Forty years after the last human visitors departed the Moon aboard Apollo 17, space historian Andrew Chaikin talks about why we should return.
Hardly a day goes by when I don't think about the Apollo missions to the Moon, voyages that collectively have been called “mankind’s greatest adventure.” Today, 40 years after Apollo 17’s Gene Cernan and Jack Schmitt left the last human footprints in lunar dust, I’m feeling a familiar sense of wistful nostalgia. I miss the Apollo adventure the way I miss my childhood.
But the strongest emotion I've had about the Moon in the last couple of decades is frustration. As Apollo receded into history, too many people developed the wrong-headed idea that our nearest celestial neighbor is somehow a “been there, done that” world. Nothing could be further from the truth. As another moonwalker, John Young, has pointed out, the Moon has as much land area as the continent of Africa. To think that 12 people, landing in six places, and only a few hours to explore them, could harvest the Moon’s vast scientific bounty is, well, nuts. The Moon, as lunar scientist Paul Spudis describes in my video below, beautifully preserves the earliest history of our little corner of the solar system, information that has long ago been destroyed on the restless Earth. I think of it as the rare book room of the cosmic library. It may even harbor pieces of the early Earth, flung there by asteroid impacts and bearing priceless windows to the time when life arose on our planet.
And yet, the Moon has often been bypassed by space planners in favor of Mars, which is a truly spectacular goal, but one that remains beyond our reach for now, until we develop the knowledge we need to live on another world. The Moon is crucial there, too, as Spudis explains, not only as a kind of Outward Bound school for learning to live off-planet, but a resource depot for future space explorers. Recently discovered ice at the lunar poles could provide a lunar base with water, oxygen, and even rocket fuel.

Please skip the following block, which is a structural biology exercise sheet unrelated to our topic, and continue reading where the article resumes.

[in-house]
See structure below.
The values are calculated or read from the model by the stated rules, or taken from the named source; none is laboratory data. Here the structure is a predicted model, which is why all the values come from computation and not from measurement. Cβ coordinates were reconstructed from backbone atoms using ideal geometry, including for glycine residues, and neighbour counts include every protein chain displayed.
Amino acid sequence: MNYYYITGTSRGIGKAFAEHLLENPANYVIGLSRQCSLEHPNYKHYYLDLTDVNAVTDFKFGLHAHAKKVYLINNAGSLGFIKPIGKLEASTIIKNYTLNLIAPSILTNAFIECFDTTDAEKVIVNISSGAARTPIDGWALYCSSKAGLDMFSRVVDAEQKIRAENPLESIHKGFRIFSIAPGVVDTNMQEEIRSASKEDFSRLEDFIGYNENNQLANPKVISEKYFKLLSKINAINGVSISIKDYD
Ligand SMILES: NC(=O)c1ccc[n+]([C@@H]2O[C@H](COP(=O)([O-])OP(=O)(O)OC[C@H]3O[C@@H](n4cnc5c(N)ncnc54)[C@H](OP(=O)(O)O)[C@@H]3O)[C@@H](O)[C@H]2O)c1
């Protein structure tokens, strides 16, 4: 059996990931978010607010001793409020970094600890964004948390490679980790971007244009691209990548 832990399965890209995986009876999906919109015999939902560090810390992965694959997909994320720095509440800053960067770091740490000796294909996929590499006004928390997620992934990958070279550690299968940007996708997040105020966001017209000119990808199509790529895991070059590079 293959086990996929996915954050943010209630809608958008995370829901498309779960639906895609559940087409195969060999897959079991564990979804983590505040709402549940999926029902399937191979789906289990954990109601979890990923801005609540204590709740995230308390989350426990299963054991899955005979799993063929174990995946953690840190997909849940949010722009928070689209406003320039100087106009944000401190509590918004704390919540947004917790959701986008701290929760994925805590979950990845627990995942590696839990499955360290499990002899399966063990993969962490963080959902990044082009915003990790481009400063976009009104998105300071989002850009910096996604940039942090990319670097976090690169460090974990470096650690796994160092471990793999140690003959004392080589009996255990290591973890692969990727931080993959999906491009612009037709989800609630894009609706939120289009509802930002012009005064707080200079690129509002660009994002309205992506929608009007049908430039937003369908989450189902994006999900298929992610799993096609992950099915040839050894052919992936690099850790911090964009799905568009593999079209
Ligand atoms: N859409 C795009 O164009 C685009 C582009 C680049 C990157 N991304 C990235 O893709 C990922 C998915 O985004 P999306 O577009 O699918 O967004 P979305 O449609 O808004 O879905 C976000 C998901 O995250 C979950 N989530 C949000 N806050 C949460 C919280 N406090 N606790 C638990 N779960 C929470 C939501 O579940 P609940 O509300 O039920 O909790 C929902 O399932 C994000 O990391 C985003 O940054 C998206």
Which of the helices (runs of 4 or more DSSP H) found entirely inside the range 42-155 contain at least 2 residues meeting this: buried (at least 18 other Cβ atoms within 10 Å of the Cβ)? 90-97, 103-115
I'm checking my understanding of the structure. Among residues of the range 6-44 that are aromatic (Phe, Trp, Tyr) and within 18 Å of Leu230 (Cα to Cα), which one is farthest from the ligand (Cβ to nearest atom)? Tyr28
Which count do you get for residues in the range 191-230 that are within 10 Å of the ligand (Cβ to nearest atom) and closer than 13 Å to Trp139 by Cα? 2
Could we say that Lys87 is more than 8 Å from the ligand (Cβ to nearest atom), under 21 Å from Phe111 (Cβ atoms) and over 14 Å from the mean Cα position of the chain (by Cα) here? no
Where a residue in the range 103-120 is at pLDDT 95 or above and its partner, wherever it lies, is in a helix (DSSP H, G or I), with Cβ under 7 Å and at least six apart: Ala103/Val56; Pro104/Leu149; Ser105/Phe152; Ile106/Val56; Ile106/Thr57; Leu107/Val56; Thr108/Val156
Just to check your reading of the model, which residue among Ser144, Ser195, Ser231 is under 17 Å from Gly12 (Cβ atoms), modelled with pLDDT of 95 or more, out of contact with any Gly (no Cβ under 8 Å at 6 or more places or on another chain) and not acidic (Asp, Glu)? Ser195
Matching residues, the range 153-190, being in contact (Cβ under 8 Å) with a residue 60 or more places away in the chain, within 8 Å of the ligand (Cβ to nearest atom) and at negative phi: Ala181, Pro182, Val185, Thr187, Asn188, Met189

When I think about the gifts the Moon offers us, one stands out: the sight of the Earth as a lovely, precious oasis of life in the void. It’s the view the Apollo astronauts talked about as having the greatest impact of anything they saw on their journeys. And it’s a view that is unavailable anywhere else in the solar system. It’s just one more reason why I believe the Moon deserves to be called the solar system’s jewel in the crown, and why it still beckons us 40 years after the last human explorers walked there.
On this anniversary, my frustration is tinged with hope that I may yet live to see future explorers pick up where the Apollo astronauts left off. It’s a return that is long overdue, not just for the sake of scientific exploration, but to enable humanity to become a multi-planet species.
Andrew Chaikin is an award-winning science journalist, space historian, speaker, and author. Chaikin is best known as the author of A Man on the Moon: The Voyages of the Apollo Astronauts, widely regarded as the definitive account of the Moon missions. For more videos, visit Chaikin's YouTube channel.